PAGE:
Weather Forecast


Duluth's McCabe Renewal Center is a place for relaxation, reflection

Sister Dorene King, director of the McCabe Renewal Center, talks about the history of the 100-year-old McCabe house in the building’s sun porch. The Benedictine Sisters of St. Scholastica are celebrating the anniversary of the house’s construction with an open house on Sunday. (Steve Kuchera / / 4
The McCabe house was built in 1914 and was donated to the Benedictine Sisters of St. Scholastica in 1940. (Steve Kuchera / / 4
The fine details in the McCabe house include beautiful woodwork and wallpaper bearing a family crest. (Steve Kuchera / / 4
The 100-year-old McCabe house’s main staircase. The house now is home to the McCabe Renewal Center. (Steve Kuchera / 4 / 4

For the past 37 years, Duluthians have been welcomed to the McCabe Renewal Center to pray, retreat and take tours of the nine-bedroom brick home at 2125 Abbotsford Ave.

“Everyone loves its beauty and its feeling of peace,” said Sister Dorene King, director of the McCabe Renewal Center. “Everyone from professionals at the Duluth public schools, University of Minnesota and St. Louis County Health and Service Department come here to experience the tranquil environment.”

On Sunday, the center will celebrate its 100th anniversary. Guests are invited to take tours of the home, listen to music and enjoy refreshments.

The center once was home to William McCabe Sr., a grain buyer, and his wife, Jane. They built the home in 1914 with their two children, John and Ben, and their maid. When William McCabe passed away in 1933, Jane McCabe moved into an apartment (she died in 1947), and the couple’s sons officially were left in charge of the home. The sons offered the house as a gift to the Benedictine Sisters of St. Scholastica in 1940 for the purpose of extending care to the elderly.

In the years that followed, the house has been used as a guest home for seniors and a dormitory for College of St. Scholastica students. The Benedictine Sisters lived there, and they ran a home for physically disabled adults. They offered piano lessons at the home.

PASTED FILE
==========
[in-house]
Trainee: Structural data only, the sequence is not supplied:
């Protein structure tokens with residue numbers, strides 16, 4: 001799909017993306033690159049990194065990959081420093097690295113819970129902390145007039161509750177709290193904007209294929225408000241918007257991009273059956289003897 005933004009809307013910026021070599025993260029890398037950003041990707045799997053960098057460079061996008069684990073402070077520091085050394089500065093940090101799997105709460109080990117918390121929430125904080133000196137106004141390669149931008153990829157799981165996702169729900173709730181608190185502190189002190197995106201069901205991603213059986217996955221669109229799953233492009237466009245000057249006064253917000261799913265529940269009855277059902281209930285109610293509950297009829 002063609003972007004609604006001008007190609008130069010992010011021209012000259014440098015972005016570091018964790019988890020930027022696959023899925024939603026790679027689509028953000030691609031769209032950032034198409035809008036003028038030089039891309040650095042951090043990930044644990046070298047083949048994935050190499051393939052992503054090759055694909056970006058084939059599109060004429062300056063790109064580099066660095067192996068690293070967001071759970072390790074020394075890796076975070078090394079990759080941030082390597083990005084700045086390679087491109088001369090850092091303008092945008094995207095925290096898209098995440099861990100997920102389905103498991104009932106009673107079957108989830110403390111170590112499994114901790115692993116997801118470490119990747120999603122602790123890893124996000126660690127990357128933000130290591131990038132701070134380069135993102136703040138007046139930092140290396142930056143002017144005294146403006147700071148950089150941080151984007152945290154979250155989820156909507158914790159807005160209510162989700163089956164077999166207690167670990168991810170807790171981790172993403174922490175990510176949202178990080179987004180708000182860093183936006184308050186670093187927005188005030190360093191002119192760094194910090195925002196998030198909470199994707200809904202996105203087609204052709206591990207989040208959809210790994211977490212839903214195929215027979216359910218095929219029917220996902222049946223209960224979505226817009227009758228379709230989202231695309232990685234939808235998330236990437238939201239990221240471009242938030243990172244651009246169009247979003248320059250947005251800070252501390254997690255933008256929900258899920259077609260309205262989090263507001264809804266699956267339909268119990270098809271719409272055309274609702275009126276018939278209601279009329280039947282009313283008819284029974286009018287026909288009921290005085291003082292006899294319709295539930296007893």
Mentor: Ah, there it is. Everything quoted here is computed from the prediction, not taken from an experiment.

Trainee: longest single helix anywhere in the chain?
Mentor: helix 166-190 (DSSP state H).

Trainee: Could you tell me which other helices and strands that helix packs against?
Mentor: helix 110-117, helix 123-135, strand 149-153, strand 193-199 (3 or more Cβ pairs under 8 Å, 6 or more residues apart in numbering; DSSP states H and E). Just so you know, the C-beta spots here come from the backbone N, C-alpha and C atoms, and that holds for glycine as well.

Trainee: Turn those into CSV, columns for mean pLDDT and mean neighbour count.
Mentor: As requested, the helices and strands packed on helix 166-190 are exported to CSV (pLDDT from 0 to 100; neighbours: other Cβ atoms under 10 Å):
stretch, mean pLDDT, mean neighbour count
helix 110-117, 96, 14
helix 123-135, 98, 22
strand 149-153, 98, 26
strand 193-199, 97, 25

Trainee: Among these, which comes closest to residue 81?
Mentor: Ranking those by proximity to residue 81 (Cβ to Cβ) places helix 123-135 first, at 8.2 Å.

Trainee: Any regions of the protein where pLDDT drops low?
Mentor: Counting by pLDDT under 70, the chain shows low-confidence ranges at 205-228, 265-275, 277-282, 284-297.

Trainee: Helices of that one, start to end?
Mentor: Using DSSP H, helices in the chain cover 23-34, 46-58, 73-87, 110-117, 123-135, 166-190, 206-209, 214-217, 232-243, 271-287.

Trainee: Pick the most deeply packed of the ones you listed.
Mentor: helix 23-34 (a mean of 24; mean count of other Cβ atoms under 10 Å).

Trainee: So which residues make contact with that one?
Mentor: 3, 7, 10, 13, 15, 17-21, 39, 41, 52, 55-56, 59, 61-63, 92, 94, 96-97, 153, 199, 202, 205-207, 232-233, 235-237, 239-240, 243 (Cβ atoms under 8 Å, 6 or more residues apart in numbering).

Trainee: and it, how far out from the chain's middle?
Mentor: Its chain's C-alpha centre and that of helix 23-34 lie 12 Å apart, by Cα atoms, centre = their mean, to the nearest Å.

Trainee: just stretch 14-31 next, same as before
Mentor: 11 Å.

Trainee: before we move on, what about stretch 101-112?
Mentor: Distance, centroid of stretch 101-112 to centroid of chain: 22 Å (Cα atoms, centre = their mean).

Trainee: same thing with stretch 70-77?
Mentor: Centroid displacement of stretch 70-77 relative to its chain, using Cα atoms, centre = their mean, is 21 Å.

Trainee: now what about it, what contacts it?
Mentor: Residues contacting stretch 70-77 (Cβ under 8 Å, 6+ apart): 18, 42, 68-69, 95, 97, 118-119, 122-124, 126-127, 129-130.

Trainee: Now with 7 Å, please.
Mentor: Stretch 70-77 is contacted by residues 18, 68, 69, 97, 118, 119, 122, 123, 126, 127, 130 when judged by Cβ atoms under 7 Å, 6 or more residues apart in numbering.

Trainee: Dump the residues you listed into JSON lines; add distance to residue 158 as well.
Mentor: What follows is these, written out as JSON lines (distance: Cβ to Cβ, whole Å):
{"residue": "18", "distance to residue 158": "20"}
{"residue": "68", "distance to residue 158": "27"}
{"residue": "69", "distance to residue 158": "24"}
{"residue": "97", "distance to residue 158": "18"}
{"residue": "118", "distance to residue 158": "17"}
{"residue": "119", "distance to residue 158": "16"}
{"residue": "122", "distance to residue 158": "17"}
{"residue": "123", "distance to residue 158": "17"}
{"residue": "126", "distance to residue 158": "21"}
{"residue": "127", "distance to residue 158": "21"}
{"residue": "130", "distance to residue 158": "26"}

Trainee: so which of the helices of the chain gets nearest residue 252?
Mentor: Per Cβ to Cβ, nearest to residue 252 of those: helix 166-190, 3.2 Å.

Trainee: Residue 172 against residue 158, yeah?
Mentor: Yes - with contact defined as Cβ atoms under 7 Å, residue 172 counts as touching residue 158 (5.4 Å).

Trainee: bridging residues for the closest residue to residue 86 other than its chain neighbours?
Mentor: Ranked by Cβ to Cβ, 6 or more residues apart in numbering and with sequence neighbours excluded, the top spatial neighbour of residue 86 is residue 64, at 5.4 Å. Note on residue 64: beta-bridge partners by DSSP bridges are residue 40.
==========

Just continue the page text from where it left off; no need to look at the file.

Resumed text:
The house also has undergone many physical transitions. There are many new furniture pieces inside; the fireplaces were replaced, and some of the rooms were remodeled. The kitchen was moved to the basement and the former kitchen became two bedrooms, and the butler’s pantry became a bathroom.

In 1977, the home officially became the McCabe Renewal Center and served as a space for group retreats, spiritual guidance and personal growth.

The center offers a variety of learning and enrichment programs, including “The Holy Trinity” on Sept. 6, a spiritual retreat; “The Lives of Three Saint Teresas” on Sept. 20; and an ongoing public faith-based prayer group that meets on various dates from September through December.  

St. Scholastica students also use the home as a prayer center, and various school programs use the space for gatherings.

“I’ve been told that the students have to the space as ‘grandma’s house experience,’ ” King said. “They feel so relaxed, safe and comfortable when they are here.

Today, John McCabe’s son Bill, 91, lives in Minneapolis and son Tom, 84, lives in Duluth.

“They still come up here from time to time and share their memories of the home with me,” King said. “They are very happy with the use of the home.”

Sunday’s event is free and open to the public. It starts at 2 p.m. and is expected to last until 5 p.m.